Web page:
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    Drawing by Morteza Jalali Farahani

    It's all a myth
    A response to Laleh Khalili's "Forgiving Salm and Tur: A polemic on race"

    By Asghar Massombagi
    October 23, 1998
    The Iranian

    Recently in the course of preparing a proposal for a documentary, I ventured into the local Iranian community in my city and conducted informational interviews. The main question I put to my subjects was "What does it mean to be Iranian?" Having been away from the physical boundaries of the homeland, free of its day to day realities, looking back from this vantage point, suddenly the question in itself did not seem absurd, neither was the answer clear.

    I grew up in Tehran in the ethnically mixed working class neighborhood of Javadieh, where one out of three families were either Azari or Kurdish, or Khuzestani, and a host of languages and dialects flew in the air. Sunnis lived alongside shi'ites albeit tensely at times. I, like most people, simply assumed that that was what Iran was. Ethnicity did matter and tensions were always there, still my mother's best friend was an Azari neighbor housewife and she as well as my sisters and brother spoke pretty good Azari.

    However once in a while one heard the expression "Turk-e khar" (Turkish ass = idiot) uttered in the household. And I still remember the childhood chant "Omar omaroo, sag pedaroo" ("Omar, the one whose father was a dog") that was a taunting call against Sunnis. It seems to me now, even though I didn't live in Terhan's privileged north, being a Tehrani rather than being from Bandar Lengeh, or Tabriz, or Kamranieh, gave me an advantage: I was part of a majority, I was not a member of an ethnic minority.

    What I found interesting in my encounter with the local Iranian community in Canada was the stand-offish resistance to any notion of division in the Iranian identity, especially on the part of the so-called ethnic Farsis; I was told again and again of the joy of every Iranian upon the performance of Iran's national football team, that no matter if one was a Kurd or an Azari or a Shomali, or hailed from Tehran, they all cheered in the streets overcome with pride and happiness. And I am sure they were. After all looking at the team members, one could see the chimera Iran is: An Azari striker, a Khorasani halfback, an Abadani goalie, etc.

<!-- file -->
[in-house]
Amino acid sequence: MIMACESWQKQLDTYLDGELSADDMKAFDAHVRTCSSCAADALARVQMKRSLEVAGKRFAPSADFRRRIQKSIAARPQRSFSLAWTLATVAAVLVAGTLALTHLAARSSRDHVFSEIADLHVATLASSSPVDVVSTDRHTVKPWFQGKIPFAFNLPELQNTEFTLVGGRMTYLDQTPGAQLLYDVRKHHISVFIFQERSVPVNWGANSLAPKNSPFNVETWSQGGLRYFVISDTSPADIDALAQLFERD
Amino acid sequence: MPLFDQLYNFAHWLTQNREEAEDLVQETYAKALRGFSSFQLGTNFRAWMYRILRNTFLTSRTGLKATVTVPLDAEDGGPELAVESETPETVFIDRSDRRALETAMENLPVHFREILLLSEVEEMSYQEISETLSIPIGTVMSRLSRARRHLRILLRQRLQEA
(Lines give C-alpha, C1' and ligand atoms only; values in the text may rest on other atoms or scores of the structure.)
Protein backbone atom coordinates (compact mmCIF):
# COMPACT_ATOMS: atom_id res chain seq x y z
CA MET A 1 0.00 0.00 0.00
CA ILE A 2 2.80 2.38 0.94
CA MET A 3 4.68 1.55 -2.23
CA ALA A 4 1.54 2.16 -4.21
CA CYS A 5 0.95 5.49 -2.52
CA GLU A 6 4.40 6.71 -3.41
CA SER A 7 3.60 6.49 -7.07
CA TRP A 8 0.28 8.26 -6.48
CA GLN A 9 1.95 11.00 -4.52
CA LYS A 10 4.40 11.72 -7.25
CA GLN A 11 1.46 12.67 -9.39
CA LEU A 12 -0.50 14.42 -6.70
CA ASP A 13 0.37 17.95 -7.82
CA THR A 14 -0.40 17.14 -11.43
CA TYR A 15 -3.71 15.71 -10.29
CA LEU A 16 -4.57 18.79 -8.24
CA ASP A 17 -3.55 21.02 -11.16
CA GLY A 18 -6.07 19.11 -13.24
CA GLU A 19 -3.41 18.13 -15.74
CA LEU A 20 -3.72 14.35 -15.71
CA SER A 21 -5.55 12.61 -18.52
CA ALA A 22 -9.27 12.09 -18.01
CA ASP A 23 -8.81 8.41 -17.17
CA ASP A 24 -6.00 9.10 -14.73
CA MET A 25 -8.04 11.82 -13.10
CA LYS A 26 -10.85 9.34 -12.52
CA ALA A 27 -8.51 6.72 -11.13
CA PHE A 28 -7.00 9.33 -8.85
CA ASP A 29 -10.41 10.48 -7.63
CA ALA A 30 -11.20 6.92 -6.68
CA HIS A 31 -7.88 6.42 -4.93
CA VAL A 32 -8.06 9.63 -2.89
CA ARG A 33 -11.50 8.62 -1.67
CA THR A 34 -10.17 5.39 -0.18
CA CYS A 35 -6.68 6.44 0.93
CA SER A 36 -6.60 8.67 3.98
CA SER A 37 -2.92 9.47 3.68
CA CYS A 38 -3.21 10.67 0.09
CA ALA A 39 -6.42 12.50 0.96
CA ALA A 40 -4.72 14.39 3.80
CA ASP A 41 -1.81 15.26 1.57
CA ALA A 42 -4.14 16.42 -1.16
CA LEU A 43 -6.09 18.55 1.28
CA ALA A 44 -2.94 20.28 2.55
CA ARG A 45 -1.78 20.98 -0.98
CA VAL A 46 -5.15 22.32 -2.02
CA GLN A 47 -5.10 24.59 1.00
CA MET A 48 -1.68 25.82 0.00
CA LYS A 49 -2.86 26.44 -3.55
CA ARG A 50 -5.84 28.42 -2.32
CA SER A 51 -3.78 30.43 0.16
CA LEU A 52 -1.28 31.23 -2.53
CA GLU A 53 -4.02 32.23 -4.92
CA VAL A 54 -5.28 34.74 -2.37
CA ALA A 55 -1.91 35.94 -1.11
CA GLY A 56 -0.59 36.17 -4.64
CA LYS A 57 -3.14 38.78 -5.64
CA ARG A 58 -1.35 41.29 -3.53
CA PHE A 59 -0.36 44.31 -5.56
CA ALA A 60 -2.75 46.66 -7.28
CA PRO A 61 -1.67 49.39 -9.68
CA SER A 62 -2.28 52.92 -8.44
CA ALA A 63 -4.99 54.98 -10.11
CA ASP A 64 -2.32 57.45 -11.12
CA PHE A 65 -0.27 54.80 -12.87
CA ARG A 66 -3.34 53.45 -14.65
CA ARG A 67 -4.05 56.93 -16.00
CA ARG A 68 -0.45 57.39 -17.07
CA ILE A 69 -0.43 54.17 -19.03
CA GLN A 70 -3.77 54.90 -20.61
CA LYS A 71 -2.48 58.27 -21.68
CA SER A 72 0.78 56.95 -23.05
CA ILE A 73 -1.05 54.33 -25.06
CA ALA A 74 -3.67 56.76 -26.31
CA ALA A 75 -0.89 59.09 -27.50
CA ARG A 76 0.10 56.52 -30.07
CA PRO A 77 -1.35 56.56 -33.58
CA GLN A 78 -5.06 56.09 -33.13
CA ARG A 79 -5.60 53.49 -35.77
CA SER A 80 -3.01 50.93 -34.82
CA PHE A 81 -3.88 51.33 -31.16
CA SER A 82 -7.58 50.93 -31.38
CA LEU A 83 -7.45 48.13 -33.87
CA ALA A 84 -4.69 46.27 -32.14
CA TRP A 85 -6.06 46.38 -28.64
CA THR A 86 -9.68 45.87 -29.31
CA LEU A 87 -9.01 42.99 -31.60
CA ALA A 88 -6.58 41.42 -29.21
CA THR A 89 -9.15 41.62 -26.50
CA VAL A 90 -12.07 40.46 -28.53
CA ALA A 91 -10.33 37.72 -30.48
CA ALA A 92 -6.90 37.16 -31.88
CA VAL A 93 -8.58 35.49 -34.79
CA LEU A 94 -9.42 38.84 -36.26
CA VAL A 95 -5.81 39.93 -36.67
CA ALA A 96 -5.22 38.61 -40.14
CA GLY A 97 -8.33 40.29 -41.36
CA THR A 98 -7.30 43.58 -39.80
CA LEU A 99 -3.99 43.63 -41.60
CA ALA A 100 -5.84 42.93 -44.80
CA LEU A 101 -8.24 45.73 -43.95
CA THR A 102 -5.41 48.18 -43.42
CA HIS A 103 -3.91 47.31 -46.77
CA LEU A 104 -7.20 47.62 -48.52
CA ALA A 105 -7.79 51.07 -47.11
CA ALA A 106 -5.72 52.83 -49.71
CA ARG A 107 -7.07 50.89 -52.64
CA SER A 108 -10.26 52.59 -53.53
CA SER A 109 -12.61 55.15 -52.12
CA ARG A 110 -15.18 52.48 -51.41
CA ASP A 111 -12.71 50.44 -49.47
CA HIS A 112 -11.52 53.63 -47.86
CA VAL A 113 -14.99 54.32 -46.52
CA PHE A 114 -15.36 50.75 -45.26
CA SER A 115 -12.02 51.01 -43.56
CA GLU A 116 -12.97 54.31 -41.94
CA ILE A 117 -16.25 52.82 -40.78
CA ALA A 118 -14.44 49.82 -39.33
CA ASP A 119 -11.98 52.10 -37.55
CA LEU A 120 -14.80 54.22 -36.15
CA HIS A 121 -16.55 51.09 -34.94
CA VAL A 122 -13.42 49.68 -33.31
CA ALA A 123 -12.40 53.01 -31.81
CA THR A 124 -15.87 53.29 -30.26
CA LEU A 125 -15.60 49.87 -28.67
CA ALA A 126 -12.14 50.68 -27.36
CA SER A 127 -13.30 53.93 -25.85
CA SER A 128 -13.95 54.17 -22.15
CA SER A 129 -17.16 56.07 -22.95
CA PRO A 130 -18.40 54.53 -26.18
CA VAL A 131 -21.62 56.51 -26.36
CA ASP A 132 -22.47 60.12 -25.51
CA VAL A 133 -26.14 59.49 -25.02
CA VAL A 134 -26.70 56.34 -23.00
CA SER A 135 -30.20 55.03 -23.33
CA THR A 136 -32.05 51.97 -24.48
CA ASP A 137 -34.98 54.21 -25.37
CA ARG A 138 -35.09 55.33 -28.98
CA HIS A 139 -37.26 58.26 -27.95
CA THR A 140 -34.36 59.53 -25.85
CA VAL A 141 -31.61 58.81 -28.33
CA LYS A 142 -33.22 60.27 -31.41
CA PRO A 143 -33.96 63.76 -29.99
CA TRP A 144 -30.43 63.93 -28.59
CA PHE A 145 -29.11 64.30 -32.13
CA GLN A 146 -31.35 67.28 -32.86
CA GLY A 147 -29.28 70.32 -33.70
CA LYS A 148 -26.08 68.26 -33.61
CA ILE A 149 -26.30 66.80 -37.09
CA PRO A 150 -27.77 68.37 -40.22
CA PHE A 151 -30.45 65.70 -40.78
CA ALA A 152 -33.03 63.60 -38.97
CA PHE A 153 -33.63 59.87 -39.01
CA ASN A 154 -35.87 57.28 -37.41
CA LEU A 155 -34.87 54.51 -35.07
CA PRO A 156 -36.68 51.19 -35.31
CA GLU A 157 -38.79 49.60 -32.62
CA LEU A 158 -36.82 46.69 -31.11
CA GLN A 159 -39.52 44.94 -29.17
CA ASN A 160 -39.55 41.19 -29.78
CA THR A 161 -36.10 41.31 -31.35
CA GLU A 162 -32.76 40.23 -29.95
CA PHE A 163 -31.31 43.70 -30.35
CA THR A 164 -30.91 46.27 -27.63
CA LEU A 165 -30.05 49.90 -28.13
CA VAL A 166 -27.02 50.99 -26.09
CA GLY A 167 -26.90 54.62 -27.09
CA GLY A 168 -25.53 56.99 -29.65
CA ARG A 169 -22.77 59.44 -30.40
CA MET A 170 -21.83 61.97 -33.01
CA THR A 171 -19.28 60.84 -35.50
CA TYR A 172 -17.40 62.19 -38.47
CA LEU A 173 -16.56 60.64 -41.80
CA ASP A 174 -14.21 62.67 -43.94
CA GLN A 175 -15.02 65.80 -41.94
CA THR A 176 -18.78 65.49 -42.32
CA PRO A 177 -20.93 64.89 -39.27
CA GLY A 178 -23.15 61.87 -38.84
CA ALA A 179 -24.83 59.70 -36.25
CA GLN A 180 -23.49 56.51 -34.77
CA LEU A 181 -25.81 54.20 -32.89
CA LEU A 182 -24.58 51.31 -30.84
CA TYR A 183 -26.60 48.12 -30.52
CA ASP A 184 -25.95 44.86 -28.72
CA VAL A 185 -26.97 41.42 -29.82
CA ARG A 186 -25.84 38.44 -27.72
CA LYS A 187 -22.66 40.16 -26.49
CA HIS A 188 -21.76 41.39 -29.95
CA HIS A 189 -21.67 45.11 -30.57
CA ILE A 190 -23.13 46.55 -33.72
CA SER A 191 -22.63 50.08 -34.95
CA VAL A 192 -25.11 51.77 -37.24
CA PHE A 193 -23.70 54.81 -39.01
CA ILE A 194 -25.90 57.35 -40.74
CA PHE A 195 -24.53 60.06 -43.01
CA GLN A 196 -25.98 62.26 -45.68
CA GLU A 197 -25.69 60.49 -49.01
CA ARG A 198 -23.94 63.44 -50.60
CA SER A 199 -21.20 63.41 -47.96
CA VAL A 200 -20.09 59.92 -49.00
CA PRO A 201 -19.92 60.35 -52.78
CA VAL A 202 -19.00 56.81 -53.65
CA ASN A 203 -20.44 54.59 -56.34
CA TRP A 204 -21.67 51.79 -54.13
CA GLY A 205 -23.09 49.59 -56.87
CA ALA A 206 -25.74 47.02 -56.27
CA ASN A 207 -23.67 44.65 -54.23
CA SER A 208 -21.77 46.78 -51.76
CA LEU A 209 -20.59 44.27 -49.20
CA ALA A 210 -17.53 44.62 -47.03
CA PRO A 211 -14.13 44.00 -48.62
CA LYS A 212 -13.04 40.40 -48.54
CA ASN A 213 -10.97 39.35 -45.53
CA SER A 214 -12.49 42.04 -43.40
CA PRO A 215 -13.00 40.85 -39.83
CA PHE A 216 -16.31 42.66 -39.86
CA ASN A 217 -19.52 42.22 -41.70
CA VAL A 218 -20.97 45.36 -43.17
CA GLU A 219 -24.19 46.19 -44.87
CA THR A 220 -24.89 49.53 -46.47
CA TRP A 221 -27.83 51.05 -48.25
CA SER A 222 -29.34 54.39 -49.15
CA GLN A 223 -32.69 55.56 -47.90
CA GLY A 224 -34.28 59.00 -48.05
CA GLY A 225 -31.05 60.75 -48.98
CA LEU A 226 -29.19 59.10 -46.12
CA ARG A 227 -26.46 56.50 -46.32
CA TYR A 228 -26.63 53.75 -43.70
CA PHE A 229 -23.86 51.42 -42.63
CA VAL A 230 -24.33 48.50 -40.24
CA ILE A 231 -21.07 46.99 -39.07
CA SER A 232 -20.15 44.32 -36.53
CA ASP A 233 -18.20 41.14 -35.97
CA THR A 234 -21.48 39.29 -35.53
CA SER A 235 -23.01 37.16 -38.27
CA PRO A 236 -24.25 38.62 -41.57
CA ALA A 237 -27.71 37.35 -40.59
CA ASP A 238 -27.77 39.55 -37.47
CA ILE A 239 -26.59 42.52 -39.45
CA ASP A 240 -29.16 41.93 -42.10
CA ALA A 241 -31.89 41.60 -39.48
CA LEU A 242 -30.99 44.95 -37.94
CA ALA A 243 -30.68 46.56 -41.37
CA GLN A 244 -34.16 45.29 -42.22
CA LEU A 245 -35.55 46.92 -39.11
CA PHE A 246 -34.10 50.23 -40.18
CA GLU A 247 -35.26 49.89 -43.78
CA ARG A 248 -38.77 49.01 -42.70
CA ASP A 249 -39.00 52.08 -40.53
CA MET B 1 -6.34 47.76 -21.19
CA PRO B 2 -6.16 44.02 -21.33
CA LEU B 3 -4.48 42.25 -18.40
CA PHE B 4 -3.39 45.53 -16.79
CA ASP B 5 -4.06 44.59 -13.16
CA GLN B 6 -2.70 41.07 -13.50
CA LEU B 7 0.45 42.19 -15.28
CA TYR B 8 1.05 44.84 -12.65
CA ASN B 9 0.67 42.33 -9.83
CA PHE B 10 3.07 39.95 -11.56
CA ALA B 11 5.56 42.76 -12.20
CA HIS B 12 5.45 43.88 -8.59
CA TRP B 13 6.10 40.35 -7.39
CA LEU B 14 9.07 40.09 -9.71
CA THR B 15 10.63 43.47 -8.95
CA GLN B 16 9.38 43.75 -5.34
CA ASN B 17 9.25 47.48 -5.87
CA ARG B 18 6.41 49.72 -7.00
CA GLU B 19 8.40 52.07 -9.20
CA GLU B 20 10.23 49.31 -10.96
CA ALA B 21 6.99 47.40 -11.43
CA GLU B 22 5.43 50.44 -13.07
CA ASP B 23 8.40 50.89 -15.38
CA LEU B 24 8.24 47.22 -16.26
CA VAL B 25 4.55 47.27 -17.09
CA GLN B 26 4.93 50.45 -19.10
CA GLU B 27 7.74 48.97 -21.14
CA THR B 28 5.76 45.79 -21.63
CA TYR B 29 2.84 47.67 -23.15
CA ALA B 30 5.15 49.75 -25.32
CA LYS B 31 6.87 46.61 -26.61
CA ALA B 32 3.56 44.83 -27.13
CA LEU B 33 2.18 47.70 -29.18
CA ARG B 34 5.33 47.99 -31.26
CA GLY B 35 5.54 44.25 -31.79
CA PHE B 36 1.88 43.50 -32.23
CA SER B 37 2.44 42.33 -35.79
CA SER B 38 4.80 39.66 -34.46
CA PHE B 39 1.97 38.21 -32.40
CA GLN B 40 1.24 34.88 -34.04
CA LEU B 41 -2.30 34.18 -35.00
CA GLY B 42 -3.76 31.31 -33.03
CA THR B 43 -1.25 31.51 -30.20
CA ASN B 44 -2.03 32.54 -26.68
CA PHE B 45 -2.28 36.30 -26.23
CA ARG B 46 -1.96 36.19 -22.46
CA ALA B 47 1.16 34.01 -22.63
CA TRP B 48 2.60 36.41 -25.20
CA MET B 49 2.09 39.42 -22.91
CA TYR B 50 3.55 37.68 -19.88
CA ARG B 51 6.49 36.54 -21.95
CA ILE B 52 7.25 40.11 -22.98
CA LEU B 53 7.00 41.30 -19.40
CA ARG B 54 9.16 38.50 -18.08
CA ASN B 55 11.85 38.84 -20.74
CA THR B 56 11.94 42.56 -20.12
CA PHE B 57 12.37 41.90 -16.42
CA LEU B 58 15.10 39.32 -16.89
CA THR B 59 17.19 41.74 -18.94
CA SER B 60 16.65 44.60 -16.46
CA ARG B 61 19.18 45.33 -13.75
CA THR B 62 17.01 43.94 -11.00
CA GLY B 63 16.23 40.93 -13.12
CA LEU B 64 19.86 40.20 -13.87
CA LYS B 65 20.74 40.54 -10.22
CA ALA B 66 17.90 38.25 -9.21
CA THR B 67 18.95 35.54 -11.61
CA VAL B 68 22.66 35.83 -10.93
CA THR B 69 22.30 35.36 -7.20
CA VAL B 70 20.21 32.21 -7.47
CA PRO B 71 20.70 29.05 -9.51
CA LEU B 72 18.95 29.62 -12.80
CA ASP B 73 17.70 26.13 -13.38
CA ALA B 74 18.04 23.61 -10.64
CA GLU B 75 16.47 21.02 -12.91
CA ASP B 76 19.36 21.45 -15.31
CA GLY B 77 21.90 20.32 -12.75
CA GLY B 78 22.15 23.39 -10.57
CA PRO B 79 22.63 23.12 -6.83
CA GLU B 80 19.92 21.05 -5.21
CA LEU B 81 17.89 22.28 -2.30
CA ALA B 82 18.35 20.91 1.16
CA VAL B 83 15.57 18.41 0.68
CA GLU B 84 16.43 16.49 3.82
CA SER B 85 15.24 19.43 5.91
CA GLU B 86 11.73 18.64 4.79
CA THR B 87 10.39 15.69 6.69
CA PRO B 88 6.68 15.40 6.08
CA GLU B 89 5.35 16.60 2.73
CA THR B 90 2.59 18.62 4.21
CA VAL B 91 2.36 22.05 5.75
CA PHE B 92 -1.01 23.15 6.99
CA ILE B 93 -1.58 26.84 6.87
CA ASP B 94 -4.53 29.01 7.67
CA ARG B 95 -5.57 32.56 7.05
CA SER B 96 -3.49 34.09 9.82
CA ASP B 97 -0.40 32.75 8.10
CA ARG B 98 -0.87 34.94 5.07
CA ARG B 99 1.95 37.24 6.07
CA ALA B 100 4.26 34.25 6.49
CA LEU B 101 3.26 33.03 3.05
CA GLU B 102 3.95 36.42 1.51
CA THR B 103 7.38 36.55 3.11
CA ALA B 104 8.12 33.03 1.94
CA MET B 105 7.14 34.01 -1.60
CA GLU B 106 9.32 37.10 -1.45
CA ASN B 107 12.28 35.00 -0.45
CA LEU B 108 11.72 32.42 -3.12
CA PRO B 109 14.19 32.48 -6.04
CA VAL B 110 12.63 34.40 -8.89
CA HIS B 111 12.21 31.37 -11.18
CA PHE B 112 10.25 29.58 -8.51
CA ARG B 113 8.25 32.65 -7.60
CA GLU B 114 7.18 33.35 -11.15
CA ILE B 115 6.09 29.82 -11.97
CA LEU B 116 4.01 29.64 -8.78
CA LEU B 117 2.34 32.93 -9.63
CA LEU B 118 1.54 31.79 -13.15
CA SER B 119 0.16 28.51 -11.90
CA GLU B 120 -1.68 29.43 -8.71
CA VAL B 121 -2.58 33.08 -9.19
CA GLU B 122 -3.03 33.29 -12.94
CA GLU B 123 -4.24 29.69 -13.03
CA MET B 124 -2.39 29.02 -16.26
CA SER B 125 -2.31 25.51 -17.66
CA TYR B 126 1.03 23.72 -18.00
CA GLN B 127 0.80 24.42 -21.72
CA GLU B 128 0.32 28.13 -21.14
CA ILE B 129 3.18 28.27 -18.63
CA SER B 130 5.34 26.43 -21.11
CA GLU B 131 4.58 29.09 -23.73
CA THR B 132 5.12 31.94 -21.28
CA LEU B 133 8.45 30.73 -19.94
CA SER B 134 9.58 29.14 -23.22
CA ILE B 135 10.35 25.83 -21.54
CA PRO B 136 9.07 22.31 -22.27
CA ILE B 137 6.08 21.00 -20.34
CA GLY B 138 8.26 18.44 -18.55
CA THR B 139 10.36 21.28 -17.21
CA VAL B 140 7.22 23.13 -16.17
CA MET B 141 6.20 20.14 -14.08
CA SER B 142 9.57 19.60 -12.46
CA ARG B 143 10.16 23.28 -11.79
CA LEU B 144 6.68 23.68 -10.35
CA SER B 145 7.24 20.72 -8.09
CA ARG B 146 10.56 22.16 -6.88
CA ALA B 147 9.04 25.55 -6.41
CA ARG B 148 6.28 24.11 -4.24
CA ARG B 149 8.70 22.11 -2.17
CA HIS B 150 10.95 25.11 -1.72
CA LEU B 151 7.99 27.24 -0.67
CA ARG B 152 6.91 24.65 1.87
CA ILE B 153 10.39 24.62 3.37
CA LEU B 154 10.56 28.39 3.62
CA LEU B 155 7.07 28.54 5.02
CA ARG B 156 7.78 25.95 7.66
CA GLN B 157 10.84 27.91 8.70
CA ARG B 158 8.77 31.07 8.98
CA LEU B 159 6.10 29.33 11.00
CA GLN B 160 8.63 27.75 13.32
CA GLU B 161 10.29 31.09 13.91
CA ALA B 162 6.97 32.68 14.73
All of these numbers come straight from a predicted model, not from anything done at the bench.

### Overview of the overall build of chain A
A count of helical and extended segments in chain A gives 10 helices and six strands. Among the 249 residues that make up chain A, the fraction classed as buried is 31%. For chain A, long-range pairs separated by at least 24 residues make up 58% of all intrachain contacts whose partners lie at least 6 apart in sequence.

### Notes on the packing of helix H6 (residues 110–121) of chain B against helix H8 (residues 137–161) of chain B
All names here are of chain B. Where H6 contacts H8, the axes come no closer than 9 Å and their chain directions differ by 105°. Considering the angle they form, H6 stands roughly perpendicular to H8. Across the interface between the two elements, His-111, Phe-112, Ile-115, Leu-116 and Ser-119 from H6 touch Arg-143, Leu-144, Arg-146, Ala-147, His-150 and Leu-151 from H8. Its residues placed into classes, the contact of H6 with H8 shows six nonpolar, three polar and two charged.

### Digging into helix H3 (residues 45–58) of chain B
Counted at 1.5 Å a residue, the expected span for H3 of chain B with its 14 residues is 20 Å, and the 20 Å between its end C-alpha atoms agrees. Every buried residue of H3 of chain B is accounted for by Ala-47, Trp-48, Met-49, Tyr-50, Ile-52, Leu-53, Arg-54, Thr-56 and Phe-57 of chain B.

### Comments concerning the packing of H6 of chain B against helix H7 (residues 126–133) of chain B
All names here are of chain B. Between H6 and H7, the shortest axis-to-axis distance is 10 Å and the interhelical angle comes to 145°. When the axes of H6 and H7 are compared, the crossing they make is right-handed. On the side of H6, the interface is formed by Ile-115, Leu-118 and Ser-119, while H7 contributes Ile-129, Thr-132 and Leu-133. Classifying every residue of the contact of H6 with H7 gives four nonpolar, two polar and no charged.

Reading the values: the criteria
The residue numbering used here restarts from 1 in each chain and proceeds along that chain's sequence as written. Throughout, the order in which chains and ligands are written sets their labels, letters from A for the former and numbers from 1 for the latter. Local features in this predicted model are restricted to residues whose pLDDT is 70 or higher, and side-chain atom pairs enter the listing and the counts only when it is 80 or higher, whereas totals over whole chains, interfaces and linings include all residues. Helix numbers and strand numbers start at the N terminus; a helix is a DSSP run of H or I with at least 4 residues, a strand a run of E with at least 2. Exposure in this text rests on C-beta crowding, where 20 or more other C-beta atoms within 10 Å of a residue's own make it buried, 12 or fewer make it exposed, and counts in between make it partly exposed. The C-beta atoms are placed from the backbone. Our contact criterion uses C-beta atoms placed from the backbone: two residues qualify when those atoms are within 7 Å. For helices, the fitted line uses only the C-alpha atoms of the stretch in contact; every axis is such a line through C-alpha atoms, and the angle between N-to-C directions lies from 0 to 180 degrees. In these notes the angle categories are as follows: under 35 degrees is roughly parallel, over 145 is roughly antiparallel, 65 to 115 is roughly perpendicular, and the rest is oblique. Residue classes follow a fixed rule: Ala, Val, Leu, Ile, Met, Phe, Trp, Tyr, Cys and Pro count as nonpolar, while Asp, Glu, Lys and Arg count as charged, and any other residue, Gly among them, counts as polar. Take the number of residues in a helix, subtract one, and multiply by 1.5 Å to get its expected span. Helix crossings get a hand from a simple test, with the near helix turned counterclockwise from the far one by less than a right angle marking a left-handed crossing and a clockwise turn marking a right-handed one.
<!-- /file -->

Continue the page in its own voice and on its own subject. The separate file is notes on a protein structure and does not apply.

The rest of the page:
But the question of Ethnicity or "Melliyat", as some Iranian political groups are fond of describing it, is still there; it has always been there and the decades of centralized dictatorship has simply pushed it to the background, with ruptures once every thirty years or so during temporary political crises. You have to commend anybody who openly challenges a community to air out the skeletons in its closet, but to call this a polemic on race is to transpose the dynamics of the host society onto the history of the home country.

    Race as a socio-political and cultural concept has developed as the result of inception and evolution of Western nationalism and colonialism. The myth of a common origin was central in the development of European nationalism; one was either German or French or English. In medieval Europe under the influence of the church, the borders of countries were often undefined and kingdoms surpassed boundaries of language and Ethnicity. As the Reformation enabled European monarchs to break away from Rome, and Enlightenment and age of Reason ushered in Western Humanism, national cultures and languages emerged. Along with this and expansion of European colonialism in Asia, Africa and Americas and development of natural sciences came the development of ideas on race (The raciaology of Nazis had its roots in the natural sciences of Eighteen century).

    One might say European ideas on race were developed to justify slavery and subjugation of peoples of Asia and Americas. But what separates modern racism from say tribalism and religious chauvinism of ancient and medieval slavery and expansionism is nationalism and its need to define the specialness of a group of people based on a common origin other than religion or tribal association. If it is special to be German and Aryan, then mixing one's blood with inferior blood is a sin and there you have miscegenation. But can we really talk about a race of Iranians or for that matter that old chestnut Persians?

    For the longest time Iran existed as an empire extending to borders of India, engulfing all of present day Afghanistan and central Asia. Iran has been ruled more years by Central Asian and Turkish dynasties than so-called Persian rulers. Centuries of rule by Slajughian, Safavids, and various Mongol dynasties have marked Iran and Iranians forever. And let's not forget that the last dynasty before the Pahlavis, was the Turkish Qajar. In recent history Azarbaijan had an essential role in the inception and development of the Constitutional Revolution and two of Iran's greatest heroes, Sattar Khan and Bagher Khan just happened to be Azaris.

    Race has never been a native cultural and social question in Iran. Yes, tribalism and ethnic rivalry and chauvinism have always been present and the Iranian elite did keep African slaves in their courts (terms like Gholam , Kaniz and Kaka Siah are all remnants of that aspect of Iran's history). But there has been mixing of blood and cultural intercourse going on in Iran for centuries. The nonsensical concept of Iran being the land of Aryans was an ideology brought down from above, similar to Islamization in Pakistan, where an emerging state decided to manufacture an ideology from a grab bag of old myths and fraudulent history to justify its separation from India.